This alligator gar could give its reptilian namesake a run for its money. Texas Parks and Wildlife’s Coastal Fisheries division posted a picture of a massive alligator gar to its Facebook page earlier this week. The behemoth fish was caught and released in Matagorda Bay by Fish and Wildlife technician Kevin Willis, although no weight or official measurements were listed. Judging from its sheer size, this alligator gar may not be too far from the current state record.
“Alligator gars can grow up to 8 feet long, weigh more than 300 pounds and live for decades,” Coastal Fisheries wrote on its Facebook page.
Bow fisherman and traditional anglers routinely bring in specimens over 100 pounds, and sometimes even over 200. Few ever match the Lone Star State’s longstanding record however. That was set in 1953 when an angler brought in a 302-pound alligator gar on a trotline. Back then, fishing for gar was nowhere as popular as it is now.
“Historically considered a ‘rough fish,’ the alligator gar has recently gained popularity as a sport fish, attracting national and international attention after being featured on several television shows,” stated Parks and Wildlife on its website. “Texas has one of the best remaining fisheries for this unusual freshwater fish.”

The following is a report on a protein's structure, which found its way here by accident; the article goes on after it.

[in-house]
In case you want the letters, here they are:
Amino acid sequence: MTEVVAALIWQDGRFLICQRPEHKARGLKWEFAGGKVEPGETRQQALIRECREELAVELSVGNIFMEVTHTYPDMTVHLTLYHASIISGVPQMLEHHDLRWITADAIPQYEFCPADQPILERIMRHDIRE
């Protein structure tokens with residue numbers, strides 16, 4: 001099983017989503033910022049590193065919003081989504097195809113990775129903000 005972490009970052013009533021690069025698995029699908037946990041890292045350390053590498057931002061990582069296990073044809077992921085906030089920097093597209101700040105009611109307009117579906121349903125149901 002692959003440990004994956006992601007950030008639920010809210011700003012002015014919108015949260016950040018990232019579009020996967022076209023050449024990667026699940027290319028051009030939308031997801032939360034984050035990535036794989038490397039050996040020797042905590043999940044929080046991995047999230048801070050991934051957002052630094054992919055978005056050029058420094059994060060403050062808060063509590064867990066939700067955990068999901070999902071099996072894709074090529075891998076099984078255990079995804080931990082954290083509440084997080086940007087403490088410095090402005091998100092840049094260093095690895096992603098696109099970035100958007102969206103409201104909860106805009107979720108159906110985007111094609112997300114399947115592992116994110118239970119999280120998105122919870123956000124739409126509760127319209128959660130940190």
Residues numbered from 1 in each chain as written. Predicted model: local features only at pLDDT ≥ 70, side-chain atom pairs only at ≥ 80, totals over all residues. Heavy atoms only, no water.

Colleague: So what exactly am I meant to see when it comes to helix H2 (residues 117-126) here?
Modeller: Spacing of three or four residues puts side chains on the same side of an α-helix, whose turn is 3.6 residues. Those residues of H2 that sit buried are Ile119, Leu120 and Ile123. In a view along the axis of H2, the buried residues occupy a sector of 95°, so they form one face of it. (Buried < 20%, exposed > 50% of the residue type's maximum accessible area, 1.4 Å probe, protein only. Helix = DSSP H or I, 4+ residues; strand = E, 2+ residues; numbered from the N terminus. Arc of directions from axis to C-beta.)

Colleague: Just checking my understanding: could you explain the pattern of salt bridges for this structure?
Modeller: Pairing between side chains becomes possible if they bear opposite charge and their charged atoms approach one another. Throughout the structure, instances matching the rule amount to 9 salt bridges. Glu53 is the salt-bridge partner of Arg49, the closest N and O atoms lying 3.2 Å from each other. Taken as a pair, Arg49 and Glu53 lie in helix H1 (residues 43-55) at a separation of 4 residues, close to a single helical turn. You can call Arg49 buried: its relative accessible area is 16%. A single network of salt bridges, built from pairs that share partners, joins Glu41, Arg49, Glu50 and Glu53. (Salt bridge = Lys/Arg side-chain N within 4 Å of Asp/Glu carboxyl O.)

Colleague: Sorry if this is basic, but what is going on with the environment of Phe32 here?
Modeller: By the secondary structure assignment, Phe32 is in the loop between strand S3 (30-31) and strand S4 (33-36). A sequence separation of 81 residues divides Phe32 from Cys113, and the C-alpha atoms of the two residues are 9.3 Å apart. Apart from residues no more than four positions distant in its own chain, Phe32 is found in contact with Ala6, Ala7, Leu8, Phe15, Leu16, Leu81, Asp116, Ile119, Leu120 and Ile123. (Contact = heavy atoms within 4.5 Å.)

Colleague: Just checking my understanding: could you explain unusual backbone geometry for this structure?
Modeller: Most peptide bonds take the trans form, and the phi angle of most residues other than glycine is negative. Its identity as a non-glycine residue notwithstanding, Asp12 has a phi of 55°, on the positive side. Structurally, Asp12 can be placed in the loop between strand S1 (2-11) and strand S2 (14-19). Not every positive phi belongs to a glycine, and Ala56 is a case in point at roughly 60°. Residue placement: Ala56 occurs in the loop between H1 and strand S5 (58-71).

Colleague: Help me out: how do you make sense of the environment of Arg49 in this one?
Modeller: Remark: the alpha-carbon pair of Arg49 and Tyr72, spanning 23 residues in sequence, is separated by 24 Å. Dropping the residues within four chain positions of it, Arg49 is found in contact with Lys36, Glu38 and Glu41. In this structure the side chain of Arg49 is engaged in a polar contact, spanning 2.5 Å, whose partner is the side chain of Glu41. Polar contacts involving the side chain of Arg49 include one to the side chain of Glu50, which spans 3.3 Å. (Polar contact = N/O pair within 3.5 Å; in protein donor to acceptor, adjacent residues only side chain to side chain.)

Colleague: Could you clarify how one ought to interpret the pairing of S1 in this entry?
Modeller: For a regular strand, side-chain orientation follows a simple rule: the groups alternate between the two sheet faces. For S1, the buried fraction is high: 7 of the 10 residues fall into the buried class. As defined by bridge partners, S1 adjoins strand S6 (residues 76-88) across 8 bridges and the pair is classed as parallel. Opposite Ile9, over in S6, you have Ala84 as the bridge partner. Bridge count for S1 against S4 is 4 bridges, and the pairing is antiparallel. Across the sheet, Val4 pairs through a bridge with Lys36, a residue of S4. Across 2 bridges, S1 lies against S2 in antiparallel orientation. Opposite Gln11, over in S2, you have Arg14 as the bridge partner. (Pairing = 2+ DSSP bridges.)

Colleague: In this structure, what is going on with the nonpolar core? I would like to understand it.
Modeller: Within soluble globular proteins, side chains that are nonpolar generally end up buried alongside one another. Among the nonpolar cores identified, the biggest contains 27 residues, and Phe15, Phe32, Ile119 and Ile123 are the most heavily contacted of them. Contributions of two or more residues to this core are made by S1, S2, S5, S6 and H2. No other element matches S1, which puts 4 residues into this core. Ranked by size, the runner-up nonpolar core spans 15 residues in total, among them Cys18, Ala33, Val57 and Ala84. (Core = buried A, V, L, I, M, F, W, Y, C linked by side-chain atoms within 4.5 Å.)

Of course, that does not mean that there are no limits on gar fishing. In 2009 Texas instituted a one-per-day bag limit on alligator gar across the state.
During his service as a wildlife technician, Willis has written occasionally about alligator gar in the Matagorda Bay ecosystem and has advocated for their conservation.
“Though we know little about alligator gar, we do know that loss of habitat is an incessant problem that damages most fisheries to some degree,” he wrote for Texas Saltwater Fishing Magazine. “The alligator gar, in particular, counts on certain backwaters as fertile grounds to spawn and lay eggs in the spring of the year.”
Those spawning areas are now threatened and dwindling. Willis advised both officials and anglers to keep an eye on the species so it doesn’t disappear from Texas forever.